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Day 14
I slept well, but Carol's cold is bothering her, so I tried not to wake her. She slept soundly until 10 AM and announced that she was hungry, which is a good sign…
It is another gorgeous day in Paris. We have definitely been fortunate regarding the weather. We walked down the hill of Rue Monge to the daily market where Rue Monge intersects Rue St-Germain-des-Pres. We sat and had petit dejeuner at a nearby café while we watched the morning shoppers among the fruit, vegetable, fish, meat, soaps, scarves and leather stalls.
Carol shopping at a street market
Spices at the market
The vendors are yelling out that their produce is the best in France and that their prices are the lowest. Strawberries, cherries, cheeses, chocolates, hams. Above us a woman on the fourth floor has opened her French doors, pulled up a chaise lounge and is sunbathing and snoozing above the market's clamor.
Street market in Paris
Radishes, greenbeans and onions at a market
Carol and I wish that we could bottle these smells, sounds, sights and flavors, the impressions that become stamped so indelibly into our consciousnesses and lure us back to Paris again and again.
At the street market on Rue Monge
After spending time and francs at the market (Carol bought a lovely purple scarf) we took a long Metro ride out to the cemetery called Pere Lachaise.
This large, peaceful but somber tree-lined cemetery is the final resting place for notables, unknowns and in-betweens. Found Jim Morrison, who was in Paris at the same time I was in '71 but chose to remain permanently. His tomb is guarded in the event that a fan might dig him, literally. Found Simone Signoret and Yves Montand, and quite a few other recognizable names, but what struck us the most were the ancient, forgotten, decaying, dissolving, broken, moss-covered tombs of those so long-departed that their upkeep and maintenance has so long ago ceased. Many of these tombs have been so weathered and worn that the names and birth/death dates are no longer recognizable. If the families and/or the cemetery itself has no record of these resting places, they are lost to the slow but certain reclamation of time and the elements. The iron doors of these aged, dark, cobwebbed mausoleums are rusting until they fall of their hinges and melt away.
Balzac's tomb at Pere Lachaise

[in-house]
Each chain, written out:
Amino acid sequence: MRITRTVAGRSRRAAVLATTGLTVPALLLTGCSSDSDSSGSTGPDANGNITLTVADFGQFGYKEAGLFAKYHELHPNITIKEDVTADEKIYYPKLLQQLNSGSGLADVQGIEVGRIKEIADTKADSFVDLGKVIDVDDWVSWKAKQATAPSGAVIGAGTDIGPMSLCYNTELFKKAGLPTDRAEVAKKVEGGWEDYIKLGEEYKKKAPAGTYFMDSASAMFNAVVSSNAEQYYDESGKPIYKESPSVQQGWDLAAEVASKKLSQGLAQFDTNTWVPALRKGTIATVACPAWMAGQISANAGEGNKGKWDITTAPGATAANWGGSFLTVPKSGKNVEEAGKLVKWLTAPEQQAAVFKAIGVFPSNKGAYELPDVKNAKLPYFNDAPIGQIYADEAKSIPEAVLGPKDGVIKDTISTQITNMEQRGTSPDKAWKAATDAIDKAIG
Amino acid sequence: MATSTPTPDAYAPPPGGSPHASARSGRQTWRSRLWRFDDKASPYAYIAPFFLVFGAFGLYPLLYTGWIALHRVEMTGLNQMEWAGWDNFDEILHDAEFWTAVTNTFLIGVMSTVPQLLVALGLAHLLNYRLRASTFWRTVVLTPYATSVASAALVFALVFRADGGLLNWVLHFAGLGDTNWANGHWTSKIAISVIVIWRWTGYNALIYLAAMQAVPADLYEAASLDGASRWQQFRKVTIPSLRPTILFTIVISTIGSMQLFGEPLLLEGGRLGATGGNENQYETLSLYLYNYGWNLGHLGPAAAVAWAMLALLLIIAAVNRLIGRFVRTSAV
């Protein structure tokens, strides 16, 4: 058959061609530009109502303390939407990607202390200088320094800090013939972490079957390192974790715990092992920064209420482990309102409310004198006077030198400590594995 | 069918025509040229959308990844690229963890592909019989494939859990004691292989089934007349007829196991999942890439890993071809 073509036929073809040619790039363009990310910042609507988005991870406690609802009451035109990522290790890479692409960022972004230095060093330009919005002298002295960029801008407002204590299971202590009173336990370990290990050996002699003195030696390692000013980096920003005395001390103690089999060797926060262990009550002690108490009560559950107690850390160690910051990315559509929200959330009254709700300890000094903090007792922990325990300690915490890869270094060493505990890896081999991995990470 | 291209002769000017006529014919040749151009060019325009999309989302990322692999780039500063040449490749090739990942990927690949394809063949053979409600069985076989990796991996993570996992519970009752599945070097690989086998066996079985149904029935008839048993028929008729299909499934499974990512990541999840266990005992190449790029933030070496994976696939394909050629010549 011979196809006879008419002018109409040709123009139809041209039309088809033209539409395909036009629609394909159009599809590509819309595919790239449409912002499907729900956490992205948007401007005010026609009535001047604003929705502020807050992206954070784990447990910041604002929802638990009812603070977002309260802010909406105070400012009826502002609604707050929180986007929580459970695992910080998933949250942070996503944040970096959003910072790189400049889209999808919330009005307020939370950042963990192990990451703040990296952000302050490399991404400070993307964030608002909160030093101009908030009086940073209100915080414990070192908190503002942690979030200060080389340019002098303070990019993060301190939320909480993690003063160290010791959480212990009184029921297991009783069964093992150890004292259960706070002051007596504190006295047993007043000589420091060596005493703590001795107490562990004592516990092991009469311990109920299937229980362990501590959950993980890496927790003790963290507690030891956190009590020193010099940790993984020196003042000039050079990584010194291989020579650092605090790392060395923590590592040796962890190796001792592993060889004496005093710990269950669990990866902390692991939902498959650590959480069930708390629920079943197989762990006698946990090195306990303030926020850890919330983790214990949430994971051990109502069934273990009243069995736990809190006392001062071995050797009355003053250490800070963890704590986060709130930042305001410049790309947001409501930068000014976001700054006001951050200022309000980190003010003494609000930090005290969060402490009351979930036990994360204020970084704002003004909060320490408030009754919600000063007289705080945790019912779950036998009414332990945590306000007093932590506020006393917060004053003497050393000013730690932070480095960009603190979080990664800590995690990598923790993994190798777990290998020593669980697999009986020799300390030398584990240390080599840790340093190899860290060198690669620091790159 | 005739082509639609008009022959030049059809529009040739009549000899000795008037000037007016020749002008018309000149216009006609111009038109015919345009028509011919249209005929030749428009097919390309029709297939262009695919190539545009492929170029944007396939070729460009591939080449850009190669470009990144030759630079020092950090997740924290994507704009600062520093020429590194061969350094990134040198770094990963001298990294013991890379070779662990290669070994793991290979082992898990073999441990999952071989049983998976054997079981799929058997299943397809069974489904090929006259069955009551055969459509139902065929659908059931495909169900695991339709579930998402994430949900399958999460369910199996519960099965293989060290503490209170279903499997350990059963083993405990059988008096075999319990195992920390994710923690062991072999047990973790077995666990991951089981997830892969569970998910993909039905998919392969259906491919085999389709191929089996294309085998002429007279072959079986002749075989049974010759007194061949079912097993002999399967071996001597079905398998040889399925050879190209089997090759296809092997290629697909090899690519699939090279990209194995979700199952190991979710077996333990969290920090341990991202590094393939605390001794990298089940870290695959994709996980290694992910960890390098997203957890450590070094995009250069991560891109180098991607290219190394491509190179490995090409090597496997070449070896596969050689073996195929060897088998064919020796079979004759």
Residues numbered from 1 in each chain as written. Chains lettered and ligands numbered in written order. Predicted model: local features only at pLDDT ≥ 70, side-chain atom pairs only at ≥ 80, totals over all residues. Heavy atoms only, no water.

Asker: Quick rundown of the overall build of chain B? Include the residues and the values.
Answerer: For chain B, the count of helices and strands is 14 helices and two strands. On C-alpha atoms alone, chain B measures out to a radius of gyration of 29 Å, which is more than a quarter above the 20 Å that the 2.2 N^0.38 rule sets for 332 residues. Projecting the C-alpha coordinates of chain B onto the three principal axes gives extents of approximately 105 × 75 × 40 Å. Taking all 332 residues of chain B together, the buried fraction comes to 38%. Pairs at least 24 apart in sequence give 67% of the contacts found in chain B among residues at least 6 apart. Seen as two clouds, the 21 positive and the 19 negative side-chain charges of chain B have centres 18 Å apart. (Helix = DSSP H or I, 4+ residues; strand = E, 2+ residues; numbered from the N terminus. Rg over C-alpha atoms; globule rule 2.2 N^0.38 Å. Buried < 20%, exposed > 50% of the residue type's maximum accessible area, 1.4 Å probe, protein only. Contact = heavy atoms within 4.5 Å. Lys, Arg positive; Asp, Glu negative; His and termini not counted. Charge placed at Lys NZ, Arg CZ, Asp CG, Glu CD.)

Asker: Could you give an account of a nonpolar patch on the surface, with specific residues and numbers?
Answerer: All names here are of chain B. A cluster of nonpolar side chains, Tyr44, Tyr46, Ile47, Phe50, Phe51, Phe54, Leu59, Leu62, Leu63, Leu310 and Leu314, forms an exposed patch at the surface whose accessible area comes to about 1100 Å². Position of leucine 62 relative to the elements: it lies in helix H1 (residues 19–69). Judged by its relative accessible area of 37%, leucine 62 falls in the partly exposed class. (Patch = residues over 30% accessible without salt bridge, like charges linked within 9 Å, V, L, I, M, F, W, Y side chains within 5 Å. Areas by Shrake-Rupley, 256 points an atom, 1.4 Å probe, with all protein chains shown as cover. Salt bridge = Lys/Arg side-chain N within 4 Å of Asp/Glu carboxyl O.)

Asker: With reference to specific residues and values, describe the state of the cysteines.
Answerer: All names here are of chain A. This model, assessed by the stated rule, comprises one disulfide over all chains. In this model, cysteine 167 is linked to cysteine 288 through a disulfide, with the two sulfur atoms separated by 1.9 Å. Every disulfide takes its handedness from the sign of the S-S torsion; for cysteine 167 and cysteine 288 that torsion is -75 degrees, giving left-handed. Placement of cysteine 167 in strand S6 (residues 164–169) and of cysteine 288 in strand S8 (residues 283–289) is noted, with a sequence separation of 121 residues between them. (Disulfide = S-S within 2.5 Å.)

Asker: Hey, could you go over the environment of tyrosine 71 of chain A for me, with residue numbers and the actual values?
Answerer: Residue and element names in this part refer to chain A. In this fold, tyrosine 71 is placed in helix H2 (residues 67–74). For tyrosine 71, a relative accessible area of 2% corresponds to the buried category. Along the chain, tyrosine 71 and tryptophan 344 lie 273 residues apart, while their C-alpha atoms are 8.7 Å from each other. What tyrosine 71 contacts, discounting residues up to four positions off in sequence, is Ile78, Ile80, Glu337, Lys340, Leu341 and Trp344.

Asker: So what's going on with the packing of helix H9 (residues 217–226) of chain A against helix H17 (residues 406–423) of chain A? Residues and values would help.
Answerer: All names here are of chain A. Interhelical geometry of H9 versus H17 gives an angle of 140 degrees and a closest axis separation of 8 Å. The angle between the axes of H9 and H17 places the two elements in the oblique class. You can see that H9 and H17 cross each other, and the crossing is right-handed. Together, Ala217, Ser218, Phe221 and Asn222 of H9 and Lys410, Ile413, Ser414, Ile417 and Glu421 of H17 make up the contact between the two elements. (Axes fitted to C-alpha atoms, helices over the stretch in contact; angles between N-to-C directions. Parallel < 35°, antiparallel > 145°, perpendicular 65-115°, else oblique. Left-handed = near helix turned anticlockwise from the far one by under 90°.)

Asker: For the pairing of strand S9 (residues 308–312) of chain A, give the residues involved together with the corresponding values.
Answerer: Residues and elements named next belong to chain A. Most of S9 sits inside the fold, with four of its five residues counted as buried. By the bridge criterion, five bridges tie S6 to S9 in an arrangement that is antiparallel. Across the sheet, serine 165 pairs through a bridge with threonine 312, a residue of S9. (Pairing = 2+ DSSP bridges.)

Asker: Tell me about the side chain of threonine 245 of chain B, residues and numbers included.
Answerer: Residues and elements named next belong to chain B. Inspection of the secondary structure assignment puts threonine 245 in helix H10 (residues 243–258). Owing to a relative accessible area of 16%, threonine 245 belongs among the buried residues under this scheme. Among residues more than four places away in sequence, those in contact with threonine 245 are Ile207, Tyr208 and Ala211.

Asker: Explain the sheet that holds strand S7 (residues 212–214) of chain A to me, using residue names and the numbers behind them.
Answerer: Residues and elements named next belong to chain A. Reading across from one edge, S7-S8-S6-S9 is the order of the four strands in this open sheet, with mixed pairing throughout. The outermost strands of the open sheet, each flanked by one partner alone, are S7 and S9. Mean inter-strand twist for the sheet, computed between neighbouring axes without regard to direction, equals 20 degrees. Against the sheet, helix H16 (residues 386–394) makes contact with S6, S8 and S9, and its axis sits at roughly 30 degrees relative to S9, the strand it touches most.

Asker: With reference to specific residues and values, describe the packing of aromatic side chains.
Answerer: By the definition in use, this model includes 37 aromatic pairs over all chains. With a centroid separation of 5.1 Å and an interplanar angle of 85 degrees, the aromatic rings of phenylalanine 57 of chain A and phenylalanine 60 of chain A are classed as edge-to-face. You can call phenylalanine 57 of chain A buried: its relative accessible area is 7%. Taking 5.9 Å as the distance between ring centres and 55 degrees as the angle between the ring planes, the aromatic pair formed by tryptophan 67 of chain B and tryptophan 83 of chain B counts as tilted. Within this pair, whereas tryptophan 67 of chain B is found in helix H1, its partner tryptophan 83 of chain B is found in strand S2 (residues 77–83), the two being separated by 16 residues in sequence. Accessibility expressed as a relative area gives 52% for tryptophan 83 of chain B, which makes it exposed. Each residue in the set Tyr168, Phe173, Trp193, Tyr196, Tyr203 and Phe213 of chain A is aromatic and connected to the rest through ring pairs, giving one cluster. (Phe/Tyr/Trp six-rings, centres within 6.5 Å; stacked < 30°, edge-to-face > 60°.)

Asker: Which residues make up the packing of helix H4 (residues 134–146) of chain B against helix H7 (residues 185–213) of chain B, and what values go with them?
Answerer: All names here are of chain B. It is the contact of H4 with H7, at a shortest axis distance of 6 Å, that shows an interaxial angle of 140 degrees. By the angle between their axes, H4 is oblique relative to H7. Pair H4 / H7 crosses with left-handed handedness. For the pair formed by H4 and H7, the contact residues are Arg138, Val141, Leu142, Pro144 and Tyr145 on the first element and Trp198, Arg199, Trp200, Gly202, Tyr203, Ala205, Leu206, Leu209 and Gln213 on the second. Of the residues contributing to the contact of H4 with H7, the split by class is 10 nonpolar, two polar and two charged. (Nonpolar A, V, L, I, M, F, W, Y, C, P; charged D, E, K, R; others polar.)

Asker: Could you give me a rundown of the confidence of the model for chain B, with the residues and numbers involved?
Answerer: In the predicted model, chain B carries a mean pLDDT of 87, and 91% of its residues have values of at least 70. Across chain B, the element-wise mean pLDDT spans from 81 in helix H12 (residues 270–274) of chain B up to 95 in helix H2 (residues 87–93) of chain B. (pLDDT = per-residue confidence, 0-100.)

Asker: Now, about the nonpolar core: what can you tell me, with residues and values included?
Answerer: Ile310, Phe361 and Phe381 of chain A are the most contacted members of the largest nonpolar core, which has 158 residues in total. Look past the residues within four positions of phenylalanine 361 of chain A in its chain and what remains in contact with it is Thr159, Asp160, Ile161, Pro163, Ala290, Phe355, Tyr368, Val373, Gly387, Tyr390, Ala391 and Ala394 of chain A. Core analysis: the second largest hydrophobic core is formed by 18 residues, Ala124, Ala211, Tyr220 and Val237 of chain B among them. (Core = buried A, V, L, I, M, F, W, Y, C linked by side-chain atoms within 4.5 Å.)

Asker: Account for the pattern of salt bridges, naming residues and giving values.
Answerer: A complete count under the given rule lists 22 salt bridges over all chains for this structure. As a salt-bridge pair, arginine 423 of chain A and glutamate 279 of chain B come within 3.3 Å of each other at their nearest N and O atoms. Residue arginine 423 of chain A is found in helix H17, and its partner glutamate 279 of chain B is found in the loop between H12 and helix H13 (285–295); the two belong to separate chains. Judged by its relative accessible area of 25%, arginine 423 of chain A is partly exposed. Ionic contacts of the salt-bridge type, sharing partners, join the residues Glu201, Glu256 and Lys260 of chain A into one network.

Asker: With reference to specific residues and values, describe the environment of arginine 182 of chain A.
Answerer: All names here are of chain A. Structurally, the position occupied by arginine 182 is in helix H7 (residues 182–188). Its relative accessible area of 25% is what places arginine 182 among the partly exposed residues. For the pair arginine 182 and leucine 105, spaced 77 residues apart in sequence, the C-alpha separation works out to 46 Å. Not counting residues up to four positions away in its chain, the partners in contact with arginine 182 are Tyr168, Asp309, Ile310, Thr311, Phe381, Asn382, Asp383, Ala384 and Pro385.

Stephane Grappelli is buried at Pere Lachasie Simone Signoret and Yves Montand rest at Pere Lachaise
These stones are slowly, year by year, dissolving back into dust, surely returning to the Earth. Some dates were recognizable. We saw several from pre-Revolutionary France and many from the late 18th and early 19th centuries, meaning that many had lost their heads to the guillotine and were brought here by their families to be interred. There were many very unique tombstones, mausoleums and memorials. One, that of Victor Noir, has a life-sized statue of this 19th century journalist shot by Pierre Bonaparte, cousin of Napoleon III, and is said to have fertility powers, and if you look closely at the photo below you can see the well-polished protuberance in his trousers.
The tomb of Victor Noir, said to have powers of fertility...
Others to be found here are Edith Piaf, Isadora Duncan, Oscar Wilde, Honore de Balzac, Marcel Proust, Sarah Bernhardt, Frederic Chopin, Stephane Grappelli and Francois Raspail, whose tomb is in the form of a prison.
Sarah Bernhardt's grave at Pere Lachaise cemetery
Isadora Duncan's memorial
Raspail's tomb at Pere Lachaise cemetery
We spent about two hours at nostalgic Pere Lachaise cemetery, then left the beautiful and peaceful grounds, crossed a busy boulevard and sat a Le Gamette, yet another street-side café, to reflect on the past two hours while enjoying dark Dutch beer and moules frites (mussels and French fries.)
Moules frites
People everywhere carry long baguettes; you see them eating it as they walk or you see them carrying loaves in bags, backpacks, bicycles. It is a common site, seen everywhere every day, part of everyday life in France.